A-CHESS Bundling: New project combines medication and mobile health

Submitted by: 09/02/2015 by Maureen Fitzgerald

The Center for Health Enhancement Systems Studies (CHESS) has received a grant from the National Institute on Drug Abuse to test combining medication-assisted treatment (MAT) with the A-CHESS mobile health system.

“We know that effective treatment for opioid dependence requires medication, behavioral interventions, and screening for overdose protection, but few patients receive this combination of services,” says Dave Gustafson, Director of CHESS and principal investigator for the study. “We also know that many of the people who do receive MAT generally do not maintain long-term abstinence,” adds Gustafson.

Researchers from the University of Wisconsin Division of Infectious Diseases are partnering with the project. They will help design services for HIV and hepatitis C (HCV) prevention and care that will be integrated into the study.

“Our hope with this project is to improve patients’ long-term recovery from opioid dependence, reduce the risk of HCV and HIV infection, and understand how we can improve medication-assisted treatment and mobile health interventions,” says Gustafson.

The project will randomly assign 440 opioid users from three addiction treatment centers (Gosnold on Cape Cod, SSTAR in Massachusetts and Rhode Island,) and ARC Community Services of Madison, WI) to receive MAT and A-CHESS or MAT alone.

Patients will be followed for 24 months to assess the long-term impact of either intervention. The research team will compare illicit opioid use between patients in the two study groups. Differences between the two groups in terms of quality of life, retention in treatment, and unscheduled use of health services will be analyzed. For HCV and HIV, the research team will examine differences in the two groups in screening rates, risk behaviors, testing, and among those infected, treatment initiation.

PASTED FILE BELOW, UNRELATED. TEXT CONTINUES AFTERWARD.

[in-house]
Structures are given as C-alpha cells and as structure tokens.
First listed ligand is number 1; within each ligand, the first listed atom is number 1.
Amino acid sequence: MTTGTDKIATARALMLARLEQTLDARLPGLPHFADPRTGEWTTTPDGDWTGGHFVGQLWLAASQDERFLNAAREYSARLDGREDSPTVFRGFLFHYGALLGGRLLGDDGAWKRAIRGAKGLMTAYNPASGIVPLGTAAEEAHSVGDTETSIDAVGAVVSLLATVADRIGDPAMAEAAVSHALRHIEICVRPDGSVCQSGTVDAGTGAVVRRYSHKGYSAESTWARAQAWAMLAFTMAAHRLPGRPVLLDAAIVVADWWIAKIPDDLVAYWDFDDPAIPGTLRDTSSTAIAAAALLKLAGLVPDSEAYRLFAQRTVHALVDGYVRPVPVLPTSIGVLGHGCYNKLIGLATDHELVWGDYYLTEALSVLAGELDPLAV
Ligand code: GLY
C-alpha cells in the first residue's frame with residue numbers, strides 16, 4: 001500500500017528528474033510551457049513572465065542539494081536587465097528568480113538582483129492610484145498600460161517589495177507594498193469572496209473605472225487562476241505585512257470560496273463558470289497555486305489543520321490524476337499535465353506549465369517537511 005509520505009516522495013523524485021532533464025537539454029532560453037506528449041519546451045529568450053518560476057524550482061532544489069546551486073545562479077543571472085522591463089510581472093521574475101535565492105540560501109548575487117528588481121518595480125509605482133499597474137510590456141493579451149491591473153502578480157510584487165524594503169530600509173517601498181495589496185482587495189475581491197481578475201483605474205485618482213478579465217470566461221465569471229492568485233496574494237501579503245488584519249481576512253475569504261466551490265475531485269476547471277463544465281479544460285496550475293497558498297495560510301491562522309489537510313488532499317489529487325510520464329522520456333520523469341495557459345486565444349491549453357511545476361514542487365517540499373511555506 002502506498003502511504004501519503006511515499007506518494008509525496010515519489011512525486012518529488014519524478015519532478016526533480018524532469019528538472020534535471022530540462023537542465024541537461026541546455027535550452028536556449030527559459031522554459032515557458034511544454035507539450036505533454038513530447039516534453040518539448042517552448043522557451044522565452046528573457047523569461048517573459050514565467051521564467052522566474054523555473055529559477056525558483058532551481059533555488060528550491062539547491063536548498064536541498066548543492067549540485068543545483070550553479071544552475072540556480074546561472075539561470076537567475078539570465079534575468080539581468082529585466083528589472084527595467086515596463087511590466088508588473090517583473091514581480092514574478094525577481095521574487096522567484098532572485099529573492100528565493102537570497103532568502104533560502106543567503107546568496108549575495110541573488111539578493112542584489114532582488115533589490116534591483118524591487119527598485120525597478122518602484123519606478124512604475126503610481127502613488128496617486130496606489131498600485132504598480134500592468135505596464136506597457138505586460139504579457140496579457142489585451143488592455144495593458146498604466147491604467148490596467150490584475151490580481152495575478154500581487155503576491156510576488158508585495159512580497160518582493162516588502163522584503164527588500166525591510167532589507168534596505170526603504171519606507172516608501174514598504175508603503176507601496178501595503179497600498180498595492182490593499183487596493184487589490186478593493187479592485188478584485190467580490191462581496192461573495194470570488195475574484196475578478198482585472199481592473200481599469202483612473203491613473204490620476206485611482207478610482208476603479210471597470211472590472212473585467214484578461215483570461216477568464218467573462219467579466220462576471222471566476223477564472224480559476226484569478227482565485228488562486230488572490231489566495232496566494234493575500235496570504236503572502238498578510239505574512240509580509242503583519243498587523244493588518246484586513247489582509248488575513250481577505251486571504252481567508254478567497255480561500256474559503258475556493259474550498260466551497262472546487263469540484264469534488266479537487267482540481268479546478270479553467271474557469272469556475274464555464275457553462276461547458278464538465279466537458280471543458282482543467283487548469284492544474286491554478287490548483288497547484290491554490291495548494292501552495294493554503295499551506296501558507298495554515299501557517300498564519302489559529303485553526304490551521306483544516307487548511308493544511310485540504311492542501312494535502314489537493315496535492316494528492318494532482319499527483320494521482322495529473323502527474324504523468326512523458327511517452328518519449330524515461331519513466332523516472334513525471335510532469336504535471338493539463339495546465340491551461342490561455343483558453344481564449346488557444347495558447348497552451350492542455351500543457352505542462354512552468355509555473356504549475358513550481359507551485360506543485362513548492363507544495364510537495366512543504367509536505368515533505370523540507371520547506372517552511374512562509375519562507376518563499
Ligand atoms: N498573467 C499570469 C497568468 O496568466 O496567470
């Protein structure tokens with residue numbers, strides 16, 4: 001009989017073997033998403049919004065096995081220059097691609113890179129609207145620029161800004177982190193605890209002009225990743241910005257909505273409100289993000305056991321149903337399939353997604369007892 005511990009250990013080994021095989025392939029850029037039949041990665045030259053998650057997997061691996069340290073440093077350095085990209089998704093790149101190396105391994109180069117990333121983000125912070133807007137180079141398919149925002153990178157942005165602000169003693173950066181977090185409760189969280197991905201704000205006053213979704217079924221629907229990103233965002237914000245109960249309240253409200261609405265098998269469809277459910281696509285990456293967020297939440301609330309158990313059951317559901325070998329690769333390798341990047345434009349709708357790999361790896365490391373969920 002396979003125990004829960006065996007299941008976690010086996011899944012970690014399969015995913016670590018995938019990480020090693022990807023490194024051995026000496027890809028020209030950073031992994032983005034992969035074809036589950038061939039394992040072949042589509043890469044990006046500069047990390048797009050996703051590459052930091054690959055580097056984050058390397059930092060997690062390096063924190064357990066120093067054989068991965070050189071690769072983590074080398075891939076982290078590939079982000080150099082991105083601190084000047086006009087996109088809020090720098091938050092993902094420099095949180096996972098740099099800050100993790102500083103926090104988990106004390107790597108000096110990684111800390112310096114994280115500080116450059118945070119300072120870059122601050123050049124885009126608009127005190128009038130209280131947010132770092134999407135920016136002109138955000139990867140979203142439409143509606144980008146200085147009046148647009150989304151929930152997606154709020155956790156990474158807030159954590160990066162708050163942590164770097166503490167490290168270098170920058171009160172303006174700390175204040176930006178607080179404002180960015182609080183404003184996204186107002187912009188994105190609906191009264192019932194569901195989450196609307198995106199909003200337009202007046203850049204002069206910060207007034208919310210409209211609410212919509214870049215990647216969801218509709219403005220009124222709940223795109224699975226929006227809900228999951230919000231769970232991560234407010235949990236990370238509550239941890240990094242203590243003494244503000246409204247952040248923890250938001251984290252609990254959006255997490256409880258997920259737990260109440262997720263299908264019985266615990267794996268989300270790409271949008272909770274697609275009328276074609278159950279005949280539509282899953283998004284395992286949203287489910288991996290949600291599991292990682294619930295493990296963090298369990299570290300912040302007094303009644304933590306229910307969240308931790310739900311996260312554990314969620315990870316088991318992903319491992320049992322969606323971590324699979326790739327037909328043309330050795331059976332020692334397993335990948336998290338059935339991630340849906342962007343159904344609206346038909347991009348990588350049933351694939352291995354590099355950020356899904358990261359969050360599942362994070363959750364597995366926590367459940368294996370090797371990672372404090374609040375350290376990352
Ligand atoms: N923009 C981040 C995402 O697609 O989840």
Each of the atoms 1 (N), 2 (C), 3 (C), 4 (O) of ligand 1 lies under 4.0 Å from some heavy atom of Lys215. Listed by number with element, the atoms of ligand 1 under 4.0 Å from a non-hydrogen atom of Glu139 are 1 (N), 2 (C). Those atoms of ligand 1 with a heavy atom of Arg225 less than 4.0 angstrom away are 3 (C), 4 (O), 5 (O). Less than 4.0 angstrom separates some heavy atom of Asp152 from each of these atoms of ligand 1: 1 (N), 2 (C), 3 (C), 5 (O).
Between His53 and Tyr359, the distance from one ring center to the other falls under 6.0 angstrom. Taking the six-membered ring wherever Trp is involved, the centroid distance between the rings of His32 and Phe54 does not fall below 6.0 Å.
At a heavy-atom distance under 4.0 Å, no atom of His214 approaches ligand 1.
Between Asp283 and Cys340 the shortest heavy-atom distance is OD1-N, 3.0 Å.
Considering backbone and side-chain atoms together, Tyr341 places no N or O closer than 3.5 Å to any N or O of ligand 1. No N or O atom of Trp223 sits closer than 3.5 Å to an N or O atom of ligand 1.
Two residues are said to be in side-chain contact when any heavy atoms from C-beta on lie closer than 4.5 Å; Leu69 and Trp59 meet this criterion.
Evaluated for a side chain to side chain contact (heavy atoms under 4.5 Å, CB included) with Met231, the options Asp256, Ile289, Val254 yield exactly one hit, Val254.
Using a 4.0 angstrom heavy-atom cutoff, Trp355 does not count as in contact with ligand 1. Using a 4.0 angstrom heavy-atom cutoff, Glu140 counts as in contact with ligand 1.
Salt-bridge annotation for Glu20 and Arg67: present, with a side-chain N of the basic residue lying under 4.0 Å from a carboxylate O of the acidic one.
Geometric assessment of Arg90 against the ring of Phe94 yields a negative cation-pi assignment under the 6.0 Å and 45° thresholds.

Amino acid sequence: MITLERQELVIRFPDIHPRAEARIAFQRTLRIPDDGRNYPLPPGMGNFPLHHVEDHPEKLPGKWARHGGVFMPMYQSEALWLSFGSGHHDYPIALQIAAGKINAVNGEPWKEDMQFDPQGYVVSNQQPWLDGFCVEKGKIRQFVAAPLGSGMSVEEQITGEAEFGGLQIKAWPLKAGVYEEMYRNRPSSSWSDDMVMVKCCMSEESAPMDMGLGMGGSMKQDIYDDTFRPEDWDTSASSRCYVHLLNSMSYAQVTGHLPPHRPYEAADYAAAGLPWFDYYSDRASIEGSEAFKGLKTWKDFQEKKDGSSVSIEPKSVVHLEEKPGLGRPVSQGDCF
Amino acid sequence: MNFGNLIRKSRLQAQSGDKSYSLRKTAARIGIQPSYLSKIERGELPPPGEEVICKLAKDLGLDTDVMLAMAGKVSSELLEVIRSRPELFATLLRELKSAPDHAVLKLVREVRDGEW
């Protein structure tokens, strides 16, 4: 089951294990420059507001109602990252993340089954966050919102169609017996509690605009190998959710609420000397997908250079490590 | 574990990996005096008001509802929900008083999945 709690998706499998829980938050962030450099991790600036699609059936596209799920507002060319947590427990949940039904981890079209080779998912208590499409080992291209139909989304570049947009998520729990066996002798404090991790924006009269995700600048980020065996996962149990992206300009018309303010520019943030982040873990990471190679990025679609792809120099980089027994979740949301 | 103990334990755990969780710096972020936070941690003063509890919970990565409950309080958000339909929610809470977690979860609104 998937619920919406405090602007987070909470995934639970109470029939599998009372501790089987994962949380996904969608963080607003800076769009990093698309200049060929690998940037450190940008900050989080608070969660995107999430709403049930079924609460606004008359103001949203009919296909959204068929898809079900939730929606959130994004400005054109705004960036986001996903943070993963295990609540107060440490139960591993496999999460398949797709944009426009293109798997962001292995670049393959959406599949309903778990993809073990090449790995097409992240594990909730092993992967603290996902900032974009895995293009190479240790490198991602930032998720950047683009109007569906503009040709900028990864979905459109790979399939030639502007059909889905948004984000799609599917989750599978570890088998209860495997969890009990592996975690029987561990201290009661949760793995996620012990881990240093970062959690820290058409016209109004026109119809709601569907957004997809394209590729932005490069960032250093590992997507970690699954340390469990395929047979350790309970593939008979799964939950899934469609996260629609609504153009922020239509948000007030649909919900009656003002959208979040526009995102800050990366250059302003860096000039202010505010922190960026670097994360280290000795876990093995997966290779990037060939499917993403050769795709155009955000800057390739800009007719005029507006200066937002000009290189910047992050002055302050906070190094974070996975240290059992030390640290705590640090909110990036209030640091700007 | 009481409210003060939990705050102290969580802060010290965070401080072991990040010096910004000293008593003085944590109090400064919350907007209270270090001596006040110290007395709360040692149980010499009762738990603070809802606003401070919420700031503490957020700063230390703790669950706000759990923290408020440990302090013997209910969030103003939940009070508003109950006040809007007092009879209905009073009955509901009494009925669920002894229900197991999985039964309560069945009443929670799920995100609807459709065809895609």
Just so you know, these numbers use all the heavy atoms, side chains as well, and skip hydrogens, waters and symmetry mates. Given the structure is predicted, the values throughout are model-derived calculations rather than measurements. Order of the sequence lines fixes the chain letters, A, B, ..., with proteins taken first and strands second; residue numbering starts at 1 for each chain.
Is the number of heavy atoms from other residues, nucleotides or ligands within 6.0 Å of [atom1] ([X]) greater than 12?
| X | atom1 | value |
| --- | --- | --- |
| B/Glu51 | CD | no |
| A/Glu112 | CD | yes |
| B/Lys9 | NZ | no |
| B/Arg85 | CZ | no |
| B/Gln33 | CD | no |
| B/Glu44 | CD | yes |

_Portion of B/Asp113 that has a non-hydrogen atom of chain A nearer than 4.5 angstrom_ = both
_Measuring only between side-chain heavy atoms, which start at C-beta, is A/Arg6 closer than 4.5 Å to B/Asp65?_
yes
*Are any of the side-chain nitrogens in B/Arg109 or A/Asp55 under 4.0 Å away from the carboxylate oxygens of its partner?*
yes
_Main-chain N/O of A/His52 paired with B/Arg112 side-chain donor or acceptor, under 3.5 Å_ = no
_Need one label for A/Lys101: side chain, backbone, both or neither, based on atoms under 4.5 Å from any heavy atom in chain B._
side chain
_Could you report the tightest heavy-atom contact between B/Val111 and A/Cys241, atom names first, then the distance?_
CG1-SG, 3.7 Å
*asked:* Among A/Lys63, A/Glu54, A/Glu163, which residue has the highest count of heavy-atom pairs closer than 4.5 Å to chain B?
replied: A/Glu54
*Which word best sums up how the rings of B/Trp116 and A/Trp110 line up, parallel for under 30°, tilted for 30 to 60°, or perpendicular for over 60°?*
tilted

A-CHESS has been tested and proven effective in several pilot tests. In a randomized controlled study of 349 patients with alcohol use disorders, roughly half used the A-CHESS smartphone app in addition to treatment as usual. The study found that not only did the A-CHESS app users report fewer risky drinking days (days in which drinking exceeded four standard drinks for men and three for women in a two-hour period), but also that smartphone app users had a higher likelihood of consistent abstinence from alcohol. The success of this pilot test and others suggest that A-CHESS will also have positive effects on opioid users.

Kim Johnson, Deputy Director of NIATx and Co-Director of the ATTC Network Coordinating Office is also on the research team. “We are interested in better understanding whether men and women use mobile recovery technologies differently and whether the impact of mobile technologies differs for men and women.”

CHESS researchers Fiona McTavish and Dr. Amy Atwood are also part of the research team, along with UW-Madison scientists and researchers Dr. Tim Baker and Dr. Ryan Westergaard, School of Medicine and Public Health; Dr. Dhavan Shah and Rachel Kornfield of the School of Journalism and Mass Communication, and Dr. Oguzhan Alagoz of the College of Engineering.

The five-year project launched in August 2015. Recruitment of study participants will begin in February 2016.

For more information, contact Fiona McTavish: fiona.mctavish@wisc.edu

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